I have heard Anthroposophists talk about using “heart thinking and moral logic” which seem relevant to these discussions. Can anyone articulate what these mean and give examples of how they can be applied to the current world situation ? How do they differ from “gut feeling”, common sense, and intellectual logic and how do they relate to the belief systems people have built up through their religious or political persuasions ?

      Liked by 1 person

      • Visitor, Ton Majoor suggests that ‘healthy reasoning’ equates with commonsense. Both formulations imply that Steiner is appealing to some accepted standard or norm when he speaks of HEALTHY reasoning or COMMONsense. But ‘commonsense’ seems to have less of a ‘spin’ to it than ‘healthy’ reasoning. ‘Commonsense’ seems less biased to me. Most people know that commonsense is not always right.

        As you imply, the great creative thinkers are often those who question the accepted commonsense of their day, who pursue logic beyond the bounds of commonsense, the people who will question the appearance of things. People such as Copernicus – challenging the commonsense belief that the sun moves round the earth, Einstein – challenging the accepted belief that the falling apple is attracted to the centre of the earth by an invisible force, and Wittgenstein – challenging the folk belief/paradigm that language is essentially a process of naming. Steiner himself was just such a person who went beyond the bounds of commonsense so it always amuses me when he does appeal to commonsense.
        I suspect that he appeals to commonsense when he has run out of reasons in attempting to explain something which he experiences as being true, but can’t provide grounds for saying it is true. I mean, grounds which someone like me, who lacks precise clairvoyance, would understand.

        If I understand you correctly you are saying healthy reasoning goes beyond commonsense. So what does unhealthy reasoning do?

        Midnight Rambler , ‘heart-thinking’ is indeed one of those phrases one finds anthroposophists using without ever giving an example of it. When I am feeling charitable I think they probably mean thinking which springs from or takes full account of feeling, or is imbued with feeling. Likewise ‘moral logic’ can be seen as ‘the logic of my morality’. Logic itself is neither moral nor immoral. It is good in the way that maths is good – it is part of God’s creation, of the Logos. But this good gift from God can be used by us for moral or immoral purposes.

        Liked by 1 person

      • Wow, these are huge questions for a blog commentary, but it can be shown that Michael is the focal point of “heart thinking”, which is the warmth-center of the soul. Read these lectures, and you will know what is required.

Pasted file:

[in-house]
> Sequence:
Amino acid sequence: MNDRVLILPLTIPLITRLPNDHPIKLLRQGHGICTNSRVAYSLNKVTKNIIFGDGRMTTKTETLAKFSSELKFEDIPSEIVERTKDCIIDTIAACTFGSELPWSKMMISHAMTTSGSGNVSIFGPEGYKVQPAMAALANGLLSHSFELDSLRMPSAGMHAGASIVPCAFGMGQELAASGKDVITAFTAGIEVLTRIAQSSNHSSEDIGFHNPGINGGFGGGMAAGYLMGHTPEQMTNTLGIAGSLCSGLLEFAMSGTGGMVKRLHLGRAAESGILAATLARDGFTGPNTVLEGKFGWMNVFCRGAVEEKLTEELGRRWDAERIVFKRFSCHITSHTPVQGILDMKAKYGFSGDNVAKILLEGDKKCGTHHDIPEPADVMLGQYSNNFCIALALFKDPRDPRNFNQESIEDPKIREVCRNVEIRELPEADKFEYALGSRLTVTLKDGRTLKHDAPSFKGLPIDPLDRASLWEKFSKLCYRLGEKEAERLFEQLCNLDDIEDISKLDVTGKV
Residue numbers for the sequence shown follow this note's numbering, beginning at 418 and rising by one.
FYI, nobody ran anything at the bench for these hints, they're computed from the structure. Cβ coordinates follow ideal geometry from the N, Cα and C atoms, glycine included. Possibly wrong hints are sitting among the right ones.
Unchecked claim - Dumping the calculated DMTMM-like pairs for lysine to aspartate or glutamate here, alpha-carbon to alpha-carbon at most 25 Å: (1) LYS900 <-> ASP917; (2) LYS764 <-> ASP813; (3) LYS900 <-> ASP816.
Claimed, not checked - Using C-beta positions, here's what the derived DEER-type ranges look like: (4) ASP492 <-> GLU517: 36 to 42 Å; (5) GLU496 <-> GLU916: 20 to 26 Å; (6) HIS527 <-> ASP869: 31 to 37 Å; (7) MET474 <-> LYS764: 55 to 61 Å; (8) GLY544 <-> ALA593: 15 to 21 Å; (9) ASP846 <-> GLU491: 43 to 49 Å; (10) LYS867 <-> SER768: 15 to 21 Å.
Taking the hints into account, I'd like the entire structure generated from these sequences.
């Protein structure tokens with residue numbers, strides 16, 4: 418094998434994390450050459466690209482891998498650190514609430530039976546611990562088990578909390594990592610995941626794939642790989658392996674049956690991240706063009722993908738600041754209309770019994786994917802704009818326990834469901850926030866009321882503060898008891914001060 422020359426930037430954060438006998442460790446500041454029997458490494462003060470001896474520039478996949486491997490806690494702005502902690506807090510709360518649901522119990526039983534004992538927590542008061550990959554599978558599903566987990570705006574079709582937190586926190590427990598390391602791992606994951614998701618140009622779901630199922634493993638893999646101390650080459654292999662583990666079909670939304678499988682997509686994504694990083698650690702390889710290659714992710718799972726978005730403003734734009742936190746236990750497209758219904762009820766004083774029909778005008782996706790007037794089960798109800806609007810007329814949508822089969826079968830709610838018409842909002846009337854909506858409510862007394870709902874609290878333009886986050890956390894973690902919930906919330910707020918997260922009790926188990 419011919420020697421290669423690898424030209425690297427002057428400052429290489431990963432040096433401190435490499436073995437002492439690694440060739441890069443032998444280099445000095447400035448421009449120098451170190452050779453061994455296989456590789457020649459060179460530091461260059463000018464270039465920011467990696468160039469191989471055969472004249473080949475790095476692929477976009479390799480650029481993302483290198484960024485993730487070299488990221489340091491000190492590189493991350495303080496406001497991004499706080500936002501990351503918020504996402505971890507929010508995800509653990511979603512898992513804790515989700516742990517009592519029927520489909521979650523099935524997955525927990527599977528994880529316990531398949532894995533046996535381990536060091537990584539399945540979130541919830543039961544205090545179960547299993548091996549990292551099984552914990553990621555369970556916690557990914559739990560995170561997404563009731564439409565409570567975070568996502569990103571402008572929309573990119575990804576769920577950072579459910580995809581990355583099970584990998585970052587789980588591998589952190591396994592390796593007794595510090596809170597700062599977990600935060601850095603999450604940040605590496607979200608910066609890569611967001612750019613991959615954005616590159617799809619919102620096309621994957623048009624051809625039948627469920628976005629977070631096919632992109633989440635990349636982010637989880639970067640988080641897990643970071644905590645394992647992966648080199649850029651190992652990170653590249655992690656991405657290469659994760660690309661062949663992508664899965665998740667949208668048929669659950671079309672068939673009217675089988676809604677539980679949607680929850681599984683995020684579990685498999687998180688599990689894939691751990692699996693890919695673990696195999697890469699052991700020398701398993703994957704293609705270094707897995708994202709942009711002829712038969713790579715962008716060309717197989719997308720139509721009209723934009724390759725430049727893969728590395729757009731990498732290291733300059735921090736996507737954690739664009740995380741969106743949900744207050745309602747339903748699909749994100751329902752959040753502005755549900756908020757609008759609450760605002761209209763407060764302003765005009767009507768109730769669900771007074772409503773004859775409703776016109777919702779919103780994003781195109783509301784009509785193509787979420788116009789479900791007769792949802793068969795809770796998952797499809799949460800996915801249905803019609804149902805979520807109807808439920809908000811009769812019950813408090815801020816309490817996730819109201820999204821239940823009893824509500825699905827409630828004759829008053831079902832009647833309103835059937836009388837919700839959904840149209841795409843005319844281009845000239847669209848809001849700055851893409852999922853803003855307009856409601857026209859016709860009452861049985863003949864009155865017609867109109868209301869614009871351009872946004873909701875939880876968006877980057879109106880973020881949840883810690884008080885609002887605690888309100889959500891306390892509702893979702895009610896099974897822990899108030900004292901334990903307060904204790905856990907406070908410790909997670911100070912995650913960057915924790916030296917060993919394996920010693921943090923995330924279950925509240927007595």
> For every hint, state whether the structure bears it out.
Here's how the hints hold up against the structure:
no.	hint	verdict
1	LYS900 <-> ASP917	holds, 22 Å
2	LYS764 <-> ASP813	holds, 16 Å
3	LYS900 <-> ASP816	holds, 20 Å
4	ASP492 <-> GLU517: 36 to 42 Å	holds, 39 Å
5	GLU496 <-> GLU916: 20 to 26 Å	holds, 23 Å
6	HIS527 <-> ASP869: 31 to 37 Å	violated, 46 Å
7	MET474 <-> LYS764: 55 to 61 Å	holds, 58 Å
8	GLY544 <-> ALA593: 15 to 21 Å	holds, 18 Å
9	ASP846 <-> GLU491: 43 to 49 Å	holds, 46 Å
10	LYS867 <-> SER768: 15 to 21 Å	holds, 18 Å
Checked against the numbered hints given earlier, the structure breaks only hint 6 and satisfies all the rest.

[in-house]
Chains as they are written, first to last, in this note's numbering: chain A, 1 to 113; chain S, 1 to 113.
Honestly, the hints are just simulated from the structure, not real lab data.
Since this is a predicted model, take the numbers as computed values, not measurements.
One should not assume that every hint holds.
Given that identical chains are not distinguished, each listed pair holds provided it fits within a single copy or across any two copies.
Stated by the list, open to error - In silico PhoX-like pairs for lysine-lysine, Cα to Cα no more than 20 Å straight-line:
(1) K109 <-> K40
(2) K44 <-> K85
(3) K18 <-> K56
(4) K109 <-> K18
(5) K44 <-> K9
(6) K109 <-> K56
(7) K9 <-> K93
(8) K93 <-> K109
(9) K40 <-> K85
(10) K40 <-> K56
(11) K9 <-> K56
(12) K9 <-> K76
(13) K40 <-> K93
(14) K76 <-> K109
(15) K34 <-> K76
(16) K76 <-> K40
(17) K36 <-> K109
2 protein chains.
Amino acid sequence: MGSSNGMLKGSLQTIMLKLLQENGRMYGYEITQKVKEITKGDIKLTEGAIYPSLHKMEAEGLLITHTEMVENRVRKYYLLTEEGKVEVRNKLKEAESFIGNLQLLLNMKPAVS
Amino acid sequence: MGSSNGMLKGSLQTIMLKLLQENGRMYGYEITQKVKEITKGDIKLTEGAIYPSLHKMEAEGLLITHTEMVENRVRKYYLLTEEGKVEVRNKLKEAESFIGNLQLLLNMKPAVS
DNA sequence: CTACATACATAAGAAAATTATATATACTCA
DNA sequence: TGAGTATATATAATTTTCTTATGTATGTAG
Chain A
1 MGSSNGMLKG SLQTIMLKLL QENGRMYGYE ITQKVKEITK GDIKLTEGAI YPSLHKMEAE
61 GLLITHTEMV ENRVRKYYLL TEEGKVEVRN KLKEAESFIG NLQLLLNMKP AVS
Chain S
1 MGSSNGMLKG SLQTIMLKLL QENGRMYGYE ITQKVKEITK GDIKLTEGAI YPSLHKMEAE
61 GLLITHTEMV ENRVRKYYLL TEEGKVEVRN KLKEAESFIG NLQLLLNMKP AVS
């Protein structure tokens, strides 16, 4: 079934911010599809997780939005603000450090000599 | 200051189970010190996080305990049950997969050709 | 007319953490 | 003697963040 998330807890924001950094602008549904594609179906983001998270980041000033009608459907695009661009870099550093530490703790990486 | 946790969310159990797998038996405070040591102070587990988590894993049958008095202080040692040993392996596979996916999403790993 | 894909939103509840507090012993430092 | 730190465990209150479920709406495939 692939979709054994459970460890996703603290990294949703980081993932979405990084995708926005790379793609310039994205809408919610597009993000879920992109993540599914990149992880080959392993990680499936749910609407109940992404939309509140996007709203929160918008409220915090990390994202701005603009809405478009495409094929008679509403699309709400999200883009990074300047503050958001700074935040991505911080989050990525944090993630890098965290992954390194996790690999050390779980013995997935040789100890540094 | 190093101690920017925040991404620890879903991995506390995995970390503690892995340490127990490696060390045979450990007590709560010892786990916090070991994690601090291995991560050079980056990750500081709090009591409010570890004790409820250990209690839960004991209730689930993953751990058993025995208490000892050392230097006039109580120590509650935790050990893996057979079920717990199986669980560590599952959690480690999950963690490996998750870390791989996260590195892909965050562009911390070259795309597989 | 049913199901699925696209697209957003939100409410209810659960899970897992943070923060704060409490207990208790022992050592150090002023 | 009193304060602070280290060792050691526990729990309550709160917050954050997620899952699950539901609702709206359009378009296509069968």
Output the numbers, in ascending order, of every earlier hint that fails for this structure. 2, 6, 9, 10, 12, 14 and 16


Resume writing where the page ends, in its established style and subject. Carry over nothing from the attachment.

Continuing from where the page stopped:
http://wn.rsarchive.org/Lectures/GA223/English/AP1946/MiSoul_index.htm

        Perceiving the cycle of the year, and the four seasons, and how the Earth stands between the Sun and the Moon on the ecliptic path involving precession of the equinoxes, and how the earth moves in its various curves, will bring about this “heart thinking”. Studying the Mithras Mystery, which is ‘heart-centered’ around the sacrifice of the Bull nature to the Sun-Hero is a true
        cosmological system. Moral logic is entirely dedicated to freedom, and rising above the stranglehold of nature necessity. Thus, free ethical individualism sees a moral world order above nature, which is pure spirit, and immortal.

        Of course, Evil is a fact of existence that opposes all of the above, and would constrain humanity to the principles of deterministic nature, which would be enslavement if it weren’t for the higher worlds, and the power of a moral imagination based on free being. Thus, education is the cultural imperative today, and why Spiritual Science exists well ahead of its time, thank God.

        Like

      • Ton Majoor

        For ‘heart-thinking’ Steiner referred to the biological works of Aristotle (the brain cooling the upward streaming blood) and to Descartes’ animal spirits:

        “This consciousness of etheric currents rising from the heart to the head was certainly to be found until far on into the Middle Ages, right on into the fifteenth and sixteenth centuries. We find a certain awareness of it even in the works of Descartes. But according to historians of philosophy ‘Descartes has some fantastic tale about the vital spirits which flow from the heart to the brain, but that is just an old-wives’ tale. Happily we know better than that.’”(GA0129/19110826)

        Cf. Haertl (2000), http://www.rsarchive.org/RelArtic/GoldM/etheric_heart.html

        Like

  11. Ton Majoor

    Healthy reasoning seems to be a retranslation of ‘Gesunder Menschenverstand’ and synonymous with Common Sense (Reid etc.).